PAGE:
So what would make a mission statement – or a vision or values statement – something that could be considered a ‘governing idea’? There are some fundamental criteria that need to be met, in my view. First, they have to be relevant: they need to be related to what the organization actually does, and speak to the actual products and services of the organization, and how they are delivered. They also need to be tangible: there should be concrete specifics in terms of what the organization is trying to do, and how to do it. Thirdly, they need to be meaningful: for a statement or set of principles to be relevant, people need to see themselves, their jobs and their roles within the context of the statement, and be able to apply it to their jobs or roles, no matter where in the hierarchy they are. Finally, they need to be credible: they can’t just be lip service, platitudes or pie-in-the-sky fantasies. They have to provide pragmatic, real and attainable statements of guidance.
This, admittedly, creates a pretty high bar, and one that many current sets of governing principles would not pass. As an example, take the mission statement of BMW, a well respected manufacturer of luxury cars and motorcycles: “The BMW Group is the world’s leading provider of premium products and premium services for individual mobility.” If we analyze this statement, we could argue that it is actually sort of relevant: it acknowledges that they produce things that move people about. And yet, the statement is at the same time indescribably vague; ‘products and services for individual mobility’ could include, for example, a BMW airline. Or buses. Or wheelchairs. Walking canes, even. Perhaps personal rocketships. The statement was probably intended to be flexible (they do, for example, also manufacture bicycles) but the result is a generic statement that doesn’t really provide guidance.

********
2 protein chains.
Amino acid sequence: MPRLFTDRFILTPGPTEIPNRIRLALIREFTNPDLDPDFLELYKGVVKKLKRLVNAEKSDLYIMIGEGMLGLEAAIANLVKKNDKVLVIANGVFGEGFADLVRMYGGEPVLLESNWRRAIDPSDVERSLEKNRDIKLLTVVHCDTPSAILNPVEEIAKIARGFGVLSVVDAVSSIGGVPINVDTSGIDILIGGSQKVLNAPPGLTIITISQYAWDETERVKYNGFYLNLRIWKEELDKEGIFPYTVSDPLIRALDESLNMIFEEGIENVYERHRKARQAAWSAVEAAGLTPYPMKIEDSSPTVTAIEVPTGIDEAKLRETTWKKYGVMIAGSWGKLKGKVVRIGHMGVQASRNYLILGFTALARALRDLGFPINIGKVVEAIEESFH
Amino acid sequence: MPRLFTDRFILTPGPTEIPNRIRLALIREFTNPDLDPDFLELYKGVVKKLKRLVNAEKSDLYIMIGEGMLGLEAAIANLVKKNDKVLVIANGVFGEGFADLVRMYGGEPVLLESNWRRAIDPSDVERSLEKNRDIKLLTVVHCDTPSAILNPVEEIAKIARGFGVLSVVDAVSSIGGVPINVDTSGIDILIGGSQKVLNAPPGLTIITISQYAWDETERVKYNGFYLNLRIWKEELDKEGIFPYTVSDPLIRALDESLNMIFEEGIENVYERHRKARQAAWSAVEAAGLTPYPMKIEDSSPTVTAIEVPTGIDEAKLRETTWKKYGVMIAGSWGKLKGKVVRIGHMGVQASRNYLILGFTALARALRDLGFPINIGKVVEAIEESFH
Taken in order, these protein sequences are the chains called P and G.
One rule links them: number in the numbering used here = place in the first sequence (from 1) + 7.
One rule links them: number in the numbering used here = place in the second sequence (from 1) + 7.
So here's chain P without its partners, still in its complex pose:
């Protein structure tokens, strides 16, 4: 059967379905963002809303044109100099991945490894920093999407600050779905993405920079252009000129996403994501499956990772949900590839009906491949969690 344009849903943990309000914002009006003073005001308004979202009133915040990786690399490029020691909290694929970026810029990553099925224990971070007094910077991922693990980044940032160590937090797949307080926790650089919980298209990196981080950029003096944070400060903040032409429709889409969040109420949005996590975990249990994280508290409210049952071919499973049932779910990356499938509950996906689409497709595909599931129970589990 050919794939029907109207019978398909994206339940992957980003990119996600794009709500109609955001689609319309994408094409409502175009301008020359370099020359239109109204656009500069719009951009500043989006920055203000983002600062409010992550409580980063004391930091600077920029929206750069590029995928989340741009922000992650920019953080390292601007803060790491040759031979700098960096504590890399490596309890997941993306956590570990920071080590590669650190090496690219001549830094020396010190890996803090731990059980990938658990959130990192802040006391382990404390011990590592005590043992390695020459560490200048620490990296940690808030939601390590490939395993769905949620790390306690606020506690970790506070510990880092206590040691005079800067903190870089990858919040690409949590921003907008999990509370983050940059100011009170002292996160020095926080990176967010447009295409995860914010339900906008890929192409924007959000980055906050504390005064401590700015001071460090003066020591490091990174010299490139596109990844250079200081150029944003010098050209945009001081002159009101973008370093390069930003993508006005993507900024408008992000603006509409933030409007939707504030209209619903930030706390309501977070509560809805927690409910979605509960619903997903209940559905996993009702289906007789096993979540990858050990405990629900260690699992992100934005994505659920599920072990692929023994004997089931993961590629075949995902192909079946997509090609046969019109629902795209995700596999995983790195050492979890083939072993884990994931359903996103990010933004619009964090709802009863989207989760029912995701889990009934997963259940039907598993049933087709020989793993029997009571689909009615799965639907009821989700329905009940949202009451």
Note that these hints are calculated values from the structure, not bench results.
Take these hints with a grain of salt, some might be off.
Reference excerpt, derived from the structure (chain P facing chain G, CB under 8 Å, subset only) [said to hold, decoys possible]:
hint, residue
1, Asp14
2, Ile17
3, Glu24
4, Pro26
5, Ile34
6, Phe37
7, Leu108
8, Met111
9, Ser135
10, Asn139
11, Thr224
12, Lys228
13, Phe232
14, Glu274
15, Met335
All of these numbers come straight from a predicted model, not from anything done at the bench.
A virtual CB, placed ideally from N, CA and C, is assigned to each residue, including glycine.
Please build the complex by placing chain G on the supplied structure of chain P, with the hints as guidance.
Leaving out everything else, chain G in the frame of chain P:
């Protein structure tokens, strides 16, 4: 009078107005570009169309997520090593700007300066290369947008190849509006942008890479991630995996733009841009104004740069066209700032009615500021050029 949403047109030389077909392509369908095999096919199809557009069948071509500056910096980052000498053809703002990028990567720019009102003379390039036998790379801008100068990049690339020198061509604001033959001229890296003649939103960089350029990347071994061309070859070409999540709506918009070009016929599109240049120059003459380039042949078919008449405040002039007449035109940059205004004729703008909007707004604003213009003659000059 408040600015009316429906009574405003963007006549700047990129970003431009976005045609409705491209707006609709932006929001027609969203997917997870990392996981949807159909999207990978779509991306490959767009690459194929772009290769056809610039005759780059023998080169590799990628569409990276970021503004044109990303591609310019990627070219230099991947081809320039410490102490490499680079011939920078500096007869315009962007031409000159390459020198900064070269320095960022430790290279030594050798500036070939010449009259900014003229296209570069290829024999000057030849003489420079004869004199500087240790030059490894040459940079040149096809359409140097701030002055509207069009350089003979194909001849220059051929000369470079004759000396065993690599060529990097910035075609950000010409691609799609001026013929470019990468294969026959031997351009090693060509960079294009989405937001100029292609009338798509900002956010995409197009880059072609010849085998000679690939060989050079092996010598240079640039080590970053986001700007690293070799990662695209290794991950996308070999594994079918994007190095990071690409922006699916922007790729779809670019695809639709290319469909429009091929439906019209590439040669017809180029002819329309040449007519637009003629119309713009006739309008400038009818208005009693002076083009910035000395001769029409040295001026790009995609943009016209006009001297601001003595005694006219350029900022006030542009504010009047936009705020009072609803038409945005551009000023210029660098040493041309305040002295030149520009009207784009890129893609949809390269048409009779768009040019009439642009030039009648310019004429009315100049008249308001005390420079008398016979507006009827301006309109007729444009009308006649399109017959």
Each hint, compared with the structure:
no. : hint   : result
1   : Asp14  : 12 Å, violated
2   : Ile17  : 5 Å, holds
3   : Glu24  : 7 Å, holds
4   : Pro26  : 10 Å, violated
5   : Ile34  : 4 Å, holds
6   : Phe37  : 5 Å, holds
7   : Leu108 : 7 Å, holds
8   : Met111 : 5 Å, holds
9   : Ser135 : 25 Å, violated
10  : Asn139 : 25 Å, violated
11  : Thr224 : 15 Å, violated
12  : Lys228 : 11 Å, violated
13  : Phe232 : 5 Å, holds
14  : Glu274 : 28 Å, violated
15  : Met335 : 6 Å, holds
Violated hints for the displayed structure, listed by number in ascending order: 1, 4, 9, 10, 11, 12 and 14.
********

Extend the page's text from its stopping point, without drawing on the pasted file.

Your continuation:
What if, instead, they adopted something like the following: “The mission of the BMW group is to be recognized as the leading manufacturer of cars and motorcycles: Our vehicles must always be the most comfortable, the most safe, the most reliable, the most environmentally friendly, the most easy-to-use and the most coveted by our customers, and the most envied by our competitors.” While this is a slightly longer statement, admittedly, it isn’t a stretch, it is probably true, and it would hit the mark of being relevant, tangible, meaningful and credible. If I worked for BMW, and that was the mission statement, I would know what I needed to be doing – and what I needed not to do. I would be able to make meaningful decisions in the context of whatever role I might actually be playing within the organization.
Crafting a mission statement, or a vision statement, or a set of values, is hard work. A lot of time and effort can go into making something that is only a few short sentences long. Unfortunately, too often compromises get made along the way that takes something relevant and turns it into a meaningless platitude. The principles outlined above admittedly make the process harder, but at the same time they provide a clear measure of whether what results from the process is actually meaningful and effective.
If the mission, vision and values of your organization don’t meet the measure of what has been described as ‘governing ideas,’ then you will spend far more time clarifying, correcting, contradicting or countermanding your people than if you had just spent the time to get it right in the first place.